MCAT® Scoring: How is the MCAT Scored?

Are you about to take the Medical College Admission Test and wondering what the passing score is? Or what is a good MCAT score to get into the medical school of your dreams? Keep reading to find out how the MCAT is scored overall and per section.

Most medical school applicants I have worked with are a little confused about MCAT scoring. With the changes to the MCAT that occurred in 2015, things have only become worse. The stuff that most people know is that there are 4 sections that make up your MCAT score on the MCAT exam:

1. Chemical and Physical Foundations of Biological Systems
  • MCAT General Chemistry
  • MCAT Organic Chemistry
  • MCAT Physics
2. Critical Analysis and Reasoning Skills
3. Biological and Biochemical Foundations of Living systems
  • MCAT Biology
  • MCAT Biochemistry
4. Psychological, Social, and Biological Foundations of Behavior
  • MCAT Psychology and Sociology

Your MCAT scores across all of the four sections mentioned above will show a scaled score that accounts for the difficulty of questions you answered properly and improperly.

The MCAT was made to better understand your mastery of the testing materials. You will receive more mastery points if you answer harder questions properly vs. easier questions.

How many questions do you have to get right on the MCAT?

Here's where MCAT scoring can start to get a little strange though for test takers. Each section of the standardized test is scored from 118 to 132. That may seem a bit arbitrary, but it allows the AAMC to set the average MCAT score right in the middle, at 125.

What is the Passing Score for MCAT?

The MCAT score range is between 472-528 when the four scores are added up, with the average MCAT score being 500. A low MCAT score is in the 470 range.

What is a Good MCAT Score?

A good MCAT score can vary. Medical College Admission Test committees are typically pretty holistic, meaning they consider all of your med school requirements such as grades, achievements and extracurricular activities, a personal statement about your journey to medicine, letters of recommendation, and more.

Also, it is important to note that MCAT scores that may be competitive for one school may not be for another school. So, a “good” MCAT score will truly depend on your AMCAs application alongside the specific schools you apply to.

In 2020-2021 the average score (mean) MCAT total score among all matriculants and medical school applicants were:

  • Medical School Applicants: 506.4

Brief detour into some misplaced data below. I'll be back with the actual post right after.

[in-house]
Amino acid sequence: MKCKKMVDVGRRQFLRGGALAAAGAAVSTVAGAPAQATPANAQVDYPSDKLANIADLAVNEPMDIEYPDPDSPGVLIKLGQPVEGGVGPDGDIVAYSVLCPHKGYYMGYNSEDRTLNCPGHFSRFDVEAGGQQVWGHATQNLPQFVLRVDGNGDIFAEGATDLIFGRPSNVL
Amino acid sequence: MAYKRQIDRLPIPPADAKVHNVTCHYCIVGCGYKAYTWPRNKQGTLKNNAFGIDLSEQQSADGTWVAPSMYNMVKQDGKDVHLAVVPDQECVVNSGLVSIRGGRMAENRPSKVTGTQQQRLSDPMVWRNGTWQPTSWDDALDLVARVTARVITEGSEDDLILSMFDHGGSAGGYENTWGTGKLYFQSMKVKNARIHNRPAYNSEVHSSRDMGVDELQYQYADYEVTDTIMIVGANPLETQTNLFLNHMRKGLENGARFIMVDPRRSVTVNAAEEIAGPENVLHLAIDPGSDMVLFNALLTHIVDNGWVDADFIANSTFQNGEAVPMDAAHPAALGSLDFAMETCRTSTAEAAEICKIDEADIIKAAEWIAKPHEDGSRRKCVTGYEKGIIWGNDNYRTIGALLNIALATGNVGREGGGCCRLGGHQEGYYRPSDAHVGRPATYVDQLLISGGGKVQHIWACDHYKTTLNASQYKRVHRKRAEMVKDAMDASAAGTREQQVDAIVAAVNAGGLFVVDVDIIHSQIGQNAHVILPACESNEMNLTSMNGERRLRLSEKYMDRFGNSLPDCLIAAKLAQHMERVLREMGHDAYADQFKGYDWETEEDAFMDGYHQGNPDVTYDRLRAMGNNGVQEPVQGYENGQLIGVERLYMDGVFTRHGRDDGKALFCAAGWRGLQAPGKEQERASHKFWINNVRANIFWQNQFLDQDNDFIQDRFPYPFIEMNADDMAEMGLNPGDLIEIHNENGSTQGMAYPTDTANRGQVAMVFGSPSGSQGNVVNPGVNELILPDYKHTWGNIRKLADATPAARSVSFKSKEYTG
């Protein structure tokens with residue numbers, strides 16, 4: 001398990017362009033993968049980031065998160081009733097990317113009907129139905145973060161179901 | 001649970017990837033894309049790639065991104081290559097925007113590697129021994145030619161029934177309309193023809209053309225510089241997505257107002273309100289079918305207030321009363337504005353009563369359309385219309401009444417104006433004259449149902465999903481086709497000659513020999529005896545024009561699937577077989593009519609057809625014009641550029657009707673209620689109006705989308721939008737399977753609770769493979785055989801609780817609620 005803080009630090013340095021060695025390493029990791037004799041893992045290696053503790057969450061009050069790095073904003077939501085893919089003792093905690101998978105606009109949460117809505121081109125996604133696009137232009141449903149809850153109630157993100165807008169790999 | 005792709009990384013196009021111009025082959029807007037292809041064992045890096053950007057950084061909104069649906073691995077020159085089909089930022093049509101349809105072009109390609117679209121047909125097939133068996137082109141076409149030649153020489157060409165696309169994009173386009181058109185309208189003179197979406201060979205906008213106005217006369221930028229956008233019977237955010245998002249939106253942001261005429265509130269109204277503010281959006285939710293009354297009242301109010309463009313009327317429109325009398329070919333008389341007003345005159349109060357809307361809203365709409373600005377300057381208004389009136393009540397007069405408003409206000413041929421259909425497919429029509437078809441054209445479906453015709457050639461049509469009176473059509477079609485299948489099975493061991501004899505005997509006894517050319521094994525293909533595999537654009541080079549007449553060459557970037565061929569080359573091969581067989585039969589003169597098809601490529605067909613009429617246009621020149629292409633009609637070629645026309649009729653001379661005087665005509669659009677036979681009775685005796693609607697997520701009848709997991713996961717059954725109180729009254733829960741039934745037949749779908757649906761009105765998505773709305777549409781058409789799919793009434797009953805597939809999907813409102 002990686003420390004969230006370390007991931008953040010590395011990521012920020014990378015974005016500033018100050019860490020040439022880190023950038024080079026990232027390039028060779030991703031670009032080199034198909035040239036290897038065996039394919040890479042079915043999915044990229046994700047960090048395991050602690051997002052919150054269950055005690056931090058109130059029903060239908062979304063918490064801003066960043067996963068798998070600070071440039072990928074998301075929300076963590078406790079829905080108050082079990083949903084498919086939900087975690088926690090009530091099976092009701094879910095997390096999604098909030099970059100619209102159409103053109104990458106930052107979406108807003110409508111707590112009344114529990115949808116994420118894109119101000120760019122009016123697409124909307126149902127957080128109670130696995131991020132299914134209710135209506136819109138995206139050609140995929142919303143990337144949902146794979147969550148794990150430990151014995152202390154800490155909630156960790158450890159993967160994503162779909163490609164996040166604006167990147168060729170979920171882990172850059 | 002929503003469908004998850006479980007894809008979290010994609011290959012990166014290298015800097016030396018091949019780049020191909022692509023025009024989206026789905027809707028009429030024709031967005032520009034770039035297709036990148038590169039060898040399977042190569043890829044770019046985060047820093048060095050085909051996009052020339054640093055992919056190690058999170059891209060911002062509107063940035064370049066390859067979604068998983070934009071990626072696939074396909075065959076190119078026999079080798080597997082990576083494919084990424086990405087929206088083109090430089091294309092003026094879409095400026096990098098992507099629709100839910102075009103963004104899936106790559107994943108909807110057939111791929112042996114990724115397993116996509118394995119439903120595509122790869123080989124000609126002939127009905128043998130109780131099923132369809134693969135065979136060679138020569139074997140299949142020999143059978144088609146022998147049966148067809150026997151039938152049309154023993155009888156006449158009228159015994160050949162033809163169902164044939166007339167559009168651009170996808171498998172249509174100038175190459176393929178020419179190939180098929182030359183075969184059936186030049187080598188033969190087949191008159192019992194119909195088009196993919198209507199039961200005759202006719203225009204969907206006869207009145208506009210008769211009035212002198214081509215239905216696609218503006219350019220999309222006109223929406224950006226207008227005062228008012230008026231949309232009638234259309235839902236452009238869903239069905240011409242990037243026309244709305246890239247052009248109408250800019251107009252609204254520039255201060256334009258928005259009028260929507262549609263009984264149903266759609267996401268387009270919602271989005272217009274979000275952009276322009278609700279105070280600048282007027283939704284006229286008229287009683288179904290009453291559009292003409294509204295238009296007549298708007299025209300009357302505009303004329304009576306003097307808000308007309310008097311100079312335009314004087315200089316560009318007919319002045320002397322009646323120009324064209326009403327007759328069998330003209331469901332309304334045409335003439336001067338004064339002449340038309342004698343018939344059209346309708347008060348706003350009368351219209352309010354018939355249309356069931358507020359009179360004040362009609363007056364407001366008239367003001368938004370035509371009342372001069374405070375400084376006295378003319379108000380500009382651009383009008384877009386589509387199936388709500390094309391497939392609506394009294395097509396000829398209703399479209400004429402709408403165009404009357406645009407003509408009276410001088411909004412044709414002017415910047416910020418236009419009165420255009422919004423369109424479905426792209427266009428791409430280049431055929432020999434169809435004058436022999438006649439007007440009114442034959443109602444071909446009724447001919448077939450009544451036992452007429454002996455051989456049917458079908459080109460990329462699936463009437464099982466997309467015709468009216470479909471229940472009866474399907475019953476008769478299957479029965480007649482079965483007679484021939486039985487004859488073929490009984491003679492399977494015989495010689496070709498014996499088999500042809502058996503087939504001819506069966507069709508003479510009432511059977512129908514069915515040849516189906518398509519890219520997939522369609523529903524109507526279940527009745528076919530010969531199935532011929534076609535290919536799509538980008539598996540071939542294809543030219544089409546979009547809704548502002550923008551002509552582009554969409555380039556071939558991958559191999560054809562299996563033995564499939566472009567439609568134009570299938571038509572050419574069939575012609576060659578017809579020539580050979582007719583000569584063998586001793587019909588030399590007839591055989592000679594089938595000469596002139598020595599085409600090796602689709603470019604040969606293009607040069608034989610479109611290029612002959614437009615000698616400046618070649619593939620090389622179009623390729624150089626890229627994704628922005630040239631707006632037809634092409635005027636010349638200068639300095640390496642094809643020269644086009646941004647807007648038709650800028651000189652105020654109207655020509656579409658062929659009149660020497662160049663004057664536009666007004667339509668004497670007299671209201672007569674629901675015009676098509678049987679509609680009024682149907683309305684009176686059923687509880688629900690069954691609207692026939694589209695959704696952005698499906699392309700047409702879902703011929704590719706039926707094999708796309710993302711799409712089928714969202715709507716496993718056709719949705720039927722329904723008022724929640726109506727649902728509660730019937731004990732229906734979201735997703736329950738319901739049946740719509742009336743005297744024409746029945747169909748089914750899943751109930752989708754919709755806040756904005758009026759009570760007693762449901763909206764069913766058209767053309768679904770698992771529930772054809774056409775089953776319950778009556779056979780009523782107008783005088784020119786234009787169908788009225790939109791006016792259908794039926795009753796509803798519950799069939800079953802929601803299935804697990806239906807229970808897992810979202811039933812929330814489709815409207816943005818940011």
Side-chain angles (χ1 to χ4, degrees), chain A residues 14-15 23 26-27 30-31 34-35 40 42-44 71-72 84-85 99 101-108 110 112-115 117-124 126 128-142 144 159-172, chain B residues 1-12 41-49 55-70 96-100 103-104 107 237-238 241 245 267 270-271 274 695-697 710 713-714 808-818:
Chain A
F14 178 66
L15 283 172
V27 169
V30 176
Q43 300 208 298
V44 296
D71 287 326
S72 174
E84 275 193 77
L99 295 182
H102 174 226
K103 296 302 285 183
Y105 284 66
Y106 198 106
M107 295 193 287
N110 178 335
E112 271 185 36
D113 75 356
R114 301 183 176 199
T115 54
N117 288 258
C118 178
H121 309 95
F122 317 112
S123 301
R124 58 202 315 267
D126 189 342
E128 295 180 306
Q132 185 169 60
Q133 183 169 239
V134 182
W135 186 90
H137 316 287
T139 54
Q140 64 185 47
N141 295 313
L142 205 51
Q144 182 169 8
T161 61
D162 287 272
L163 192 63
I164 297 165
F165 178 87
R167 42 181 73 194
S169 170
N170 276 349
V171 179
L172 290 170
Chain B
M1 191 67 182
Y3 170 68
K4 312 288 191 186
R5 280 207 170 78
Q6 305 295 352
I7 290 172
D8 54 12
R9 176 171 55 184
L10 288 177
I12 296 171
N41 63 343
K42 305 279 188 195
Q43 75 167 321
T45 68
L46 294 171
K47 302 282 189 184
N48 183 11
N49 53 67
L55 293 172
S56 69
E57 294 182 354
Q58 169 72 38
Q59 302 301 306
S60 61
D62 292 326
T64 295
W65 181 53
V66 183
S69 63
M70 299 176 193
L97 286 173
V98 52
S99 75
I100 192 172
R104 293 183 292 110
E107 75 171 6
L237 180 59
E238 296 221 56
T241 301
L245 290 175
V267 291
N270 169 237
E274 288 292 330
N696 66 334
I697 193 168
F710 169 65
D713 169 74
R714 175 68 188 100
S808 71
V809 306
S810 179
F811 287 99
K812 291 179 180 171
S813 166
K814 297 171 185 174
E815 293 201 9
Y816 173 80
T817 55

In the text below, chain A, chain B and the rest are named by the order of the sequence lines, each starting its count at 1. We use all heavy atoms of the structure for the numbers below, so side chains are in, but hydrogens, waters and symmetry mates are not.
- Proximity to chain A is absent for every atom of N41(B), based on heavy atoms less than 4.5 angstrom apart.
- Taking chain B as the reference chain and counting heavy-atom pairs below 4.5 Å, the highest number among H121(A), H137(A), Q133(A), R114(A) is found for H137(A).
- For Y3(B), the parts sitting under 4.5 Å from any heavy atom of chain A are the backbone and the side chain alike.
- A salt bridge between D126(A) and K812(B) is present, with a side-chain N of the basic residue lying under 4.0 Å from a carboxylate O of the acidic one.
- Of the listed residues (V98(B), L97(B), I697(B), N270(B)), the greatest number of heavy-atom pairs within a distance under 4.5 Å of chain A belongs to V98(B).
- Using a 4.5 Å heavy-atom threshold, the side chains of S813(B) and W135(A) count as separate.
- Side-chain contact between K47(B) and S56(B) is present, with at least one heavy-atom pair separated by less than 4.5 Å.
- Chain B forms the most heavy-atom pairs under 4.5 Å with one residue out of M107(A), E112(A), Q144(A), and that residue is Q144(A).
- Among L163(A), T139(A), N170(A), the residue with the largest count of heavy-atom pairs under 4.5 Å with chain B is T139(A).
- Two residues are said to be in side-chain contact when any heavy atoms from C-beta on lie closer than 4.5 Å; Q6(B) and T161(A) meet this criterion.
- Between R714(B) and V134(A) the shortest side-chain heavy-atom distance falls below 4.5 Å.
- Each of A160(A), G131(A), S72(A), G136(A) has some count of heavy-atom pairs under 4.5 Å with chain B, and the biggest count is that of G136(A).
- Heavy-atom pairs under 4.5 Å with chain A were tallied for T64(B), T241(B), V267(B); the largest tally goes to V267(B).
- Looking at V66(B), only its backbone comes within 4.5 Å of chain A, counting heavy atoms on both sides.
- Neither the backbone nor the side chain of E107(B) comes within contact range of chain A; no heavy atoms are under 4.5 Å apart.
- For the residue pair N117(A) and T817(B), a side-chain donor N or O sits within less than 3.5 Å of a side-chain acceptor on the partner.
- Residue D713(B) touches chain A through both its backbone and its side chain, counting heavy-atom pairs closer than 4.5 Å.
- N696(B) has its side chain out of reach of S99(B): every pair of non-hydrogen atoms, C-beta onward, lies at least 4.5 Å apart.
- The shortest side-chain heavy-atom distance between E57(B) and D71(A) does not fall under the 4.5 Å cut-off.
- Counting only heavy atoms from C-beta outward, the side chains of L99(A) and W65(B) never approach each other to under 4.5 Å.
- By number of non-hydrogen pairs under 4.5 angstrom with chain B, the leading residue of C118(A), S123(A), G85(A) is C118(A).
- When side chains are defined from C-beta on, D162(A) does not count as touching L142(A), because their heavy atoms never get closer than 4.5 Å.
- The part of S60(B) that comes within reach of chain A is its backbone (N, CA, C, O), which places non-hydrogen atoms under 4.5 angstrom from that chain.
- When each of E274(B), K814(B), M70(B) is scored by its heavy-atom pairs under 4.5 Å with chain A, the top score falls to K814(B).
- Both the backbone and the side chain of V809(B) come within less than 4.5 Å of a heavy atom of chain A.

• Medical School Matriculants: 511.5

The most successful M.D. applicants that make up the majority of accepted medical students typically receive a total score above the 75th MCAT percentile rank, which is considered a higher MCAT score range from 507-508+. Anything significantly under this can be considered an average or lower MCAT score. On the higher end, a 515 is a very competitive MCAT score–find out how to get a 515+ guaranteed here.

how is the mcat scoredhow is the mcat scored

Is the MCAT Graded on a Curve?

The curving of each section to 125 is integral to MCAT scoring, and allows medical schools to compare students between MCATs. It's true that some MCATs may be slightly harder or easier than others. To get an MCAT score of 510 on an "easier MCAT," you would have to get more answers correct than you would have to get on a more difficult version.

So if someone has told you that you can miss 6 questions in a particular MCAT section and get a scaled score of 128 (I hear some version of this all the time!), that's not strictly correct. The truth about MCAT scoring is that missing six questions could equate to a score of 131 or it could be a 125, depending on the test difficulty. You will often hear this explained as "The better your peers do on test day, the harder it is to score higher." This leads to the misguided question I hear most often:

If the MCAT exam I am taking is curved in relation to how my peers do on that particular test, when should I take the test so that I am being compared to less competitive medical school applicants?

In actuality, the curve has already been established before the date of the MCAT test, and I am forced to admit to the aspiring medical student that it doesn't really matter. There is a whole fleet of statisticians at the AAMC whose job is to make sure that the curves and test scores are comparable everywhere and for every MCAT test date.

How To and Which Med Schools to Apply to Based on Your MCAT Score and Numbers?

If you have a well written application essay and have a good average GPA typically around 3.5, the below can be of some guidance on your next steps depending on your MCAT total score:

  • Below 500: 0-25% M.D. programs; 75-100% D.O. programs
  • 500-504: 25-50% M.D. programs; 50-75% D.O. programs
  • 505-509: 75% M.D. programs, 25% D.O. programs
  • 510+: 100% M.D. programs; 0% D.O. programs

So, the MCAT date you should sign up for has nothing to do with scoring, and everything to do with your studying (or lack thereof) and how prepared you are with MCAT prep and practice exams. Your medical school admissions are important if you want to get into the medical college of your dreams - Practice with Blueprint Prep MCAT tutor today!

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MCAT Prep Resources from Blueprint MCAT (formerly Next Step)

To get the MCAT score you need to get into the medical schools on your desired list, you can’t rely on a mythed test curve. Rather, you must take the time to study for the test using MCAT practice tests and other MCAT test prep resources.

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